Shravan and Ali had already got to their feet and were impatiently waiting for the two girls to revive.
“Come on, it’s going to be dark quite soon. I don’t want to enter an old haunted castle at night.”
That did it. Both the girls were up in a trice and Priyani swiftly tied her handkerchief around Sakina’s bleeding wound. They quietly made their way along the wooded path, the only sound heard was the swish of branches and leaves brushed aside and the rustle of dry leaves underfoot. It was uncanny, the way their laboured breathing was magnified in the silence; giving them a false notion of a pack of wild animals panting at their heels. After about half an hour they reached the imposing palace or what remained of one. Strangely, the forest on all sides was the only cover for the palace; and there was no boundary wall nor locked gate which stood in their way. There it stood, against the twilight sky – a dark, brooding structure of crumbling walls and narrow windows.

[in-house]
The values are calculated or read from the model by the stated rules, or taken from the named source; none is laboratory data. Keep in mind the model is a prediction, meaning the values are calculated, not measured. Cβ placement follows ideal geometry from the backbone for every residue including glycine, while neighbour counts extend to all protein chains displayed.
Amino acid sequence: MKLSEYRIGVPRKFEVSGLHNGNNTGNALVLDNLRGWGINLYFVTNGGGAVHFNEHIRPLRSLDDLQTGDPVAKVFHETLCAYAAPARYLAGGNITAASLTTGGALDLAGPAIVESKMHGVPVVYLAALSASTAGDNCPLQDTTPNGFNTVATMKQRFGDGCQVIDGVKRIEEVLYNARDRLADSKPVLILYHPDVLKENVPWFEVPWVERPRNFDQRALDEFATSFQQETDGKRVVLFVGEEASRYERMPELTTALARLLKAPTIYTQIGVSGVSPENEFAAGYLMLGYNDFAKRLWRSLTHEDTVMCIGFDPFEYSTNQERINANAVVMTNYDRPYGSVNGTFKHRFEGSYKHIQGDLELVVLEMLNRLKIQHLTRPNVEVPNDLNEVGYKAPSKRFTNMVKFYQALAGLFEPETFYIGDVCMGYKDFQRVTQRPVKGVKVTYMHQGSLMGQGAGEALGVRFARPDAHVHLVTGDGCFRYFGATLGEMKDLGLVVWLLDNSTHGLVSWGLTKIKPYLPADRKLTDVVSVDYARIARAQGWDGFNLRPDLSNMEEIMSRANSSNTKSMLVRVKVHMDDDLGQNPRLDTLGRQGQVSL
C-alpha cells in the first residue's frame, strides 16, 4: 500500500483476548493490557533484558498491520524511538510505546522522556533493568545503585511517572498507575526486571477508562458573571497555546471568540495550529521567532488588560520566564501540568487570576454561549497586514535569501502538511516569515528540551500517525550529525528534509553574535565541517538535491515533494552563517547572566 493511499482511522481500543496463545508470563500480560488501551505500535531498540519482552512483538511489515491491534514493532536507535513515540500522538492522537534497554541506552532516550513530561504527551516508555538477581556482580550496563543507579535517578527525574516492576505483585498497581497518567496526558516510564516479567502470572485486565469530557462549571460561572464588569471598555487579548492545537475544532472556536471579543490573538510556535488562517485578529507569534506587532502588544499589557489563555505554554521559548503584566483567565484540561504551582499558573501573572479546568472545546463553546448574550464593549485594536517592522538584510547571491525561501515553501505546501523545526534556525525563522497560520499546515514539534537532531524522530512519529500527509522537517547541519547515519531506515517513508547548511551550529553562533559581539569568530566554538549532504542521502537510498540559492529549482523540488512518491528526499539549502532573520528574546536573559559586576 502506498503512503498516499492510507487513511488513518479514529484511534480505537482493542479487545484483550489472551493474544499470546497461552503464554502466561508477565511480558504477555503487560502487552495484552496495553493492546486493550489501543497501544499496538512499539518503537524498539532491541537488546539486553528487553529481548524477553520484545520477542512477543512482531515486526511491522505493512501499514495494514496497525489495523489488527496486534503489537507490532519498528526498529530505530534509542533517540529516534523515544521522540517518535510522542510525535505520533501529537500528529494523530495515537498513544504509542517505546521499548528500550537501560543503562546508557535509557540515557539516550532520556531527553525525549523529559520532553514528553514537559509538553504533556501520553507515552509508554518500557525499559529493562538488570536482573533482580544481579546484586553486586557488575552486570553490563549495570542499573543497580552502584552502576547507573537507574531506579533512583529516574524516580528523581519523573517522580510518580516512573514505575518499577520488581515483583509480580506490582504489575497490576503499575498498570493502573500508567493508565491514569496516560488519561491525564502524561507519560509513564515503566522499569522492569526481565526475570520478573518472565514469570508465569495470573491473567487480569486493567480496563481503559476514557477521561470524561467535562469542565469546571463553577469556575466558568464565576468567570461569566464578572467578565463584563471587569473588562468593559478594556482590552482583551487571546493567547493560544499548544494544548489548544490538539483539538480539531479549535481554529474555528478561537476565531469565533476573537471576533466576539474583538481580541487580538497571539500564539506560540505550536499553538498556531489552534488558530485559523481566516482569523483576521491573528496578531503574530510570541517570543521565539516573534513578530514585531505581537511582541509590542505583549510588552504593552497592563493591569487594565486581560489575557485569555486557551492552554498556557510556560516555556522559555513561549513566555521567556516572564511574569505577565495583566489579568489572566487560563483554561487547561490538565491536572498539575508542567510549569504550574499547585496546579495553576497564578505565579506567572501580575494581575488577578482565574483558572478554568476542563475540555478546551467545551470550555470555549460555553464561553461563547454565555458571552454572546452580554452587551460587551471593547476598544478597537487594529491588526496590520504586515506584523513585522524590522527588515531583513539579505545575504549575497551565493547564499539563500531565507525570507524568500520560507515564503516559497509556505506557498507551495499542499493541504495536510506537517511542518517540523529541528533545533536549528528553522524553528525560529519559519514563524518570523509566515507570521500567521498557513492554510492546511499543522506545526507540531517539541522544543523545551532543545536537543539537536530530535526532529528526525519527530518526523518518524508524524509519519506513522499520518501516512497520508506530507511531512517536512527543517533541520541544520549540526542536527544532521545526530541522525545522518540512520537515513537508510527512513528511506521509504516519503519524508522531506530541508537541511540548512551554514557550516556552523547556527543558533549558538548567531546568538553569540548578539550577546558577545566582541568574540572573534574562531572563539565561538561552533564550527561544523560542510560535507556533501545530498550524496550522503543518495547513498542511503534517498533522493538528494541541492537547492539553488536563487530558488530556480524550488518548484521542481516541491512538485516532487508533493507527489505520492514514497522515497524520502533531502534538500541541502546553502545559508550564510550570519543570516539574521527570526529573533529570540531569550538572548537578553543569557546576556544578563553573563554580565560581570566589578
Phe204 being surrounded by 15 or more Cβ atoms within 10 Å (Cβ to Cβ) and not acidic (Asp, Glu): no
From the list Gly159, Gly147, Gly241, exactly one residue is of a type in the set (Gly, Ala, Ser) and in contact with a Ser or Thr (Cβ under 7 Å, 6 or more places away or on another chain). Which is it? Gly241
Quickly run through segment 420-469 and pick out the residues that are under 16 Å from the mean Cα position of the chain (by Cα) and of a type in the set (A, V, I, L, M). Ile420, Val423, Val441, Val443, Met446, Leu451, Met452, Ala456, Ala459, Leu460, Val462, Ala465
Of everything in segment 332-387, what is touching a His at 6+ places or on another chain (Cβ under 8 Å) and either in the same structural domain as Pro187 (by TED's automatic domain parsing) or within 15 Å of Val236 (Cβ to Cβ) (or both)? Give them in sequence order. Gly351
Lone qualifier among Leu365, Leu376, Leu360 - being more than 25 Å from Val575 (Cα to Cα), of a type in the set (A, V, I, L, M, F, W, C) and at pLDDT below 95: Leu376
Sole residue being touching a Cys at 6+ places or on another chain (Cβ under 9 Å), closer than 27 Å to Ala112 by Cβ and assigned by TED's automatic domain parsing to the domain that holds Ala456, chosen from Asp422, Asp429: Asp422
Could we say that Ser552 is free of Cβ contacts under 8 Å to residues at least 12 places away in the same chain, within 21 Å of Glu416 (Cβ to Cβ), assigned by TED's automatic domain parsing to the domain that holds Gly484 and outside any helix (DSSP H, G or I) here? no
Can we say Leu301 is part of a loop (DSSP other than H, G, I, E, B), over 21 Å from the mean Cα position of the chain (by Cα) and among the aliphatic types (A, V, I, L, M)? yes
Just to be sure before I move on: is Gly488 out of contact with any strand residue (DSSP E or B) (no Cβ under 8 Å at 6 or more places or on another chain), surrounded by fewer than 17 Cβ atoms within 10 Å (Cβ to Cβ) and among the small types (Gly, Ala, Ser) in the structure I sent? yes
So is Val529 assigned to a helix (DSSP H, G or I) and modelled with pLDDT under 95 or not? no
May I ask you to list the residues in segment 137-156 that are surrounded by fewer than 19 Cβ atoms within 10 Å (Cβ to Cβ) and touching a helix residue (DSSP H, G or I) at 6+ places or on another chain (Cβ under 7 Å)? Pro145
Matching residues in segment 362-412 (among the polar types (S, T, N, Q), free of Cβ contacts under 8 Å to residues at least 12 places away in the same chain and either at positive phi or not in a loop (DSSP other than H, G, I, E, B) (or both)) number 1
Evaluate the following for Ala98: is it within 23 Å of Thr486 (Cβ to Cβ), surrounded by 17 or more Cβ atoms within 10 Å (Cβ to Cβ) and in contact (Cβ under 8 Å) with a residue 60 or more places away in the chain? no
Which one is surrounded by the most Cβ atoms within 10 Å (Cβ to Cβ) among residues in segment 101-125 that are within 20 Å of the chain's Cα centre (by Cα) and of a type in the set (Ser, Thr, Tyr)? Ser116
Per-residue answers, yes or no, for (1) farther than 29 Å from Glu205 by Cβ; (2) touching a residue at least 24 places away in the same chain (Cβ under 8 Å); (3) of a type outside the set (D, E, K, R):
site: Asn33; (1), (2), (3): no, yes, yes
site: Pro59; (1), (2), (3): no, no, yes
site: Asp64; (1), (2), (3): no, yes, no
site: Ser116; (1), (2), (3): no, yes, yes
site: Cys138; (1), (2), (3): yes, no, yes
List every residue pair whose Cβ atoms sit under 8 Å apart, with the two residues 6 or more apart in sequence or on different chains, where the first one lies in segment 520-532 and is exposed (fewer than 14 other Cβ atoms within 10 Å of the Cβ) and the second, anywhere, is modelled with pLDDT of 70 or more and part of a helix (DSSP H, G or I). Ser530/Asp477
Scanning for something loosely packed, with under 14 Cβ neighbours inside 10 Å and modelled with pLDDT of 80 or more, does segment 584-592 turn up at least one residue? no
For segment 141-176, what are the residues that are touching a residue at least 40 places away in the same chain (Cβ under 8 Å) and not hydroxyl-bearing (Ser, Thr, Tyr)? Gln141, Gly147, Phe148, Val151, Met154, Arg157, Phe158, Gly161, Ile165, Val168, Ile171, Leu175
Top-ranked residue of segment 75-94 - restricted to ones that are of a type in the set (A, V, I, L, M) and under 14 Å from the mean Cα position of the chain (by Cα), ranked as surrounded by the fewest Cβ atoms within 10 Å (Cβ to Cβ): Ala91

They made their way across the broken steps leading to a yawning gap in the wall. The massive door to its right was padlocked and though weathered to a pale colour and mildewed all over, its carvings were visible still. A shiver ran through them as they imagined the door opening on its rusted hinges and the liveried sentry which would have barred their way. But, now there was no one, though clearly the gap in the wall suggested some human occupation at some time in the past. A snake slithered in front of them and disappeared into the tall grasses in a corner.
“I am scared of snakes,” began Priyani, when three pairs of glaring eyes stopped her from saying anything more.
“Ssh! Don’t know who might be lurking here…let us be quiet, for God’s sake.”